You still want some help with this? The thread seemed a little old to me, but I noticed you wrote in the other topic.
- I like my main character to be in the thick of things, going full-out melee. What stats to focus on?
Strength, Dexterity and Stamina, in that order. Dexterity increases your chances to get a 'critical hit', an instant kill in this game, so it's useful even for non-ranged characters.
For Melee? Potence and Fortitude are your friends, just like in Bloodlines. Other builds have been known to include one of the blood rituals, Prison of Ice, to immobilize creatures while you attack them. It can be effective, but requires you to spread out your attribute points out widely for the better part of the game. I don't think that's really worth it. Finally, I think it is possible to play the game without using disciplines (aside from heal), as long as your base attributes are in order. Something to consider (edit: certain enemies such as wraiths only take 'aggravated damage', which means you need either a weapon that can deal that kind of damage (hard to come by early in the game), or someone with the Protean discipline Feral Claws).
- Is it useful to develop Ranged Weapons?
I think the ranged weapons in the second half of the game are pretty satisfying.
You'll also encounter some pretty powerful ranged weapon users, but not before the second half of the game. Some will shoot wooden stakes at you, which will paralyze you before you can get within melee distance. Having a gun around to pick them off from a distance can be useful, especially if you don't have any ranged disciplines to cast at them.
Note that the AI is dumber than dumb. Groups won't react to one being attacked/killed as long as you are too far away from them. This means you can usually get out of any situation by being exceedingly careful with positioning your guys.
- How to develop companions?
I usually keep them melee in medieval times and ranged in modern times. Ranged weapons become much better later in the game, though I guess it really doesn't matter much either way. A matter of taste, mostly. I can think of at least one boss in the modern age that is easiest dealt with using ranged weapon, so you might want to consider having at least one of your companions get good at it.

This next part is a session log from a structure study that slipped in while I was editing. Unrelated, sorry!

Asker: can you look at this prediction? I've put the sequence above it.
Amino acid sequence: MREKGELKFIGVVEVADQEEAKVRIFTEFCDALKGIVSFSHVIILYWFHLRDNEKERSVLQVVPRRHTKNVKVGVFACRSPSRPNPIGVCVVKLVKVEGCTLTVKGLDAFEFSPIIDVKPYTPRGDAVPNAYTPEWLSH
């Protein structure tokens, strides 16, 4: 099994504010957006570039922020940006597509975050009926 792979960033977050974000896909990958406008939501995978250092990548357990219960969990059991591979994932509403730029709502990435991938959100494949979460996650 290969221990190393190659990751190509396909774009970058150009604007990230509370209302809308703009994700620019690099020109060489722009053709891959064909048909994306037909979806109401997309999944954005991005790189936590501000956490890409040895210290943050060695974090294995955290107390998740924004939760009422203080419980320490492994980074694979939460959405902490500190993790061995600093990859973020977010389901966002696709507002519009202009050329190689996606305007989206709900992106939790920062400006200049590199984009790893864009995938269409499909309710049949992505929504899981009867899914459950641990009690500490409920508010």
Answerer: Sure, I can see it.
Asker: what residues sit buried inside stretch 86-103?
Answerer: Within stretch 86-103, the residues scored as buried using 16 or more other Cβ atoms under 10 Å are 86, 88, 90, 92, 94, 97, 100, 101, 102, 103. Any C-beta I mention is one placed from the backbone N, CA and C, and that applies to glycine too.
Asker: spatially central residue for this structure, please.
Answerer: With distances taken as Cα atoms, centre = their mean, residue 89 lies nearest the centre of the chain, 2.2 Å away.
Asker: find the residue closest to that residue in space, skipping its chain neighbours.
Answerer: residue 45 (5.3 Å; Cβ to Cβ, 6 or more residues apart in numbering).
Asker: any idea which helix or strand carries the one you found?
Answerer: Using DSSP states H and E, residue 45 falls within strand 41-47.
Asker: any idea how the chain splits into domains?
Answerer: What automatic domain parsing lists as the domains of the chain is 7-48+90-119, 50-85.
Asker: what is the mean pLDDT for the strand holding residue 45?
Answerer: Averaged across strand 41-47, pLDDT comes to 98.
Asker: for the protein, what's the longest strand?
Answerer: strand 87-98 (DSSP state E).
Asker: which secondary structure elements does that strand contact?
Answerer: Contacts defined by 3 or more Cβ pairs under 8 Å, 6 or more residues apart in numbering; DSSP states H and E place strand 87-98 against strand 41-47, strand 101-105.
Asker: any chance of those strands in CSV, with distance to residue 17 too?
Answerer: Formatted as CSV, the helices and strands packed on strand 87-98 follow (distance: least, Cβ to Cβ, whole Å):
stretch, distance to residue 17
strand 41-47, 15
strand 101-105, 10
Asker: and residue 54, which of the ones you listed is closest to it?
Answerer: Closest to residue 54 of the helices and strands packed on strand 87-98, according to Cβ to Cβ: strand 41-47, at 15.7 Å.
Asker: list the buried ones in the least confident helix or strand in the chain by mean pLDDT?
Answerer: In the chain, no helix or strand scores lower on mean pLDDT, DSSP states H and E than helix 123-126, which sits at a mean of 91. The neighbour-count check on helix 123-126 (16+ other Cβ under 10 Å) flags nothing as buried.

I also like to develop one character in either time period with *only* high manipulation, nothing else, to sell and buy items with. Get stinking rich, deck out everyone with the best armors, early in the game (shops restock if you quit and reload a game).
Speaking of armors, only the medieval armors have strength requirements. If melee is not your goal, the points might be better spend elsewhere.
- I also remember never gaining a point of humanity, despite always choosing "Good" options. How come?
This isn't really the case, though the loss/gain messages can be a little bit subtle, or disappear entirely because the game loads a different map during a cutscene.
There are maybe 6 to 8 points in the game where you can lose or gain humanity, although you can always lose some by killing innocent civilians. These moments tend to stand out, sometimes so much that they almost break with Kristof's character ('I want to stay in bed for a month' / 'Nah, let's forget about Anezka').
Sometimes it isn't entirely clear though. Good christian humanists for example *don't* want you to euthanize Luther Black, which may confuse the odd player since he does seem to be suffering. The game again chooses to act strange when you face the boss in the Society of Leopold. He attacks you first and is clearly a bastard throughout the levels, but killing him somehow still results into a loss of humanity. The alternative is to (spoiler: [SPOILER]destroy the barrels of blood around him instead[/SPOILER]).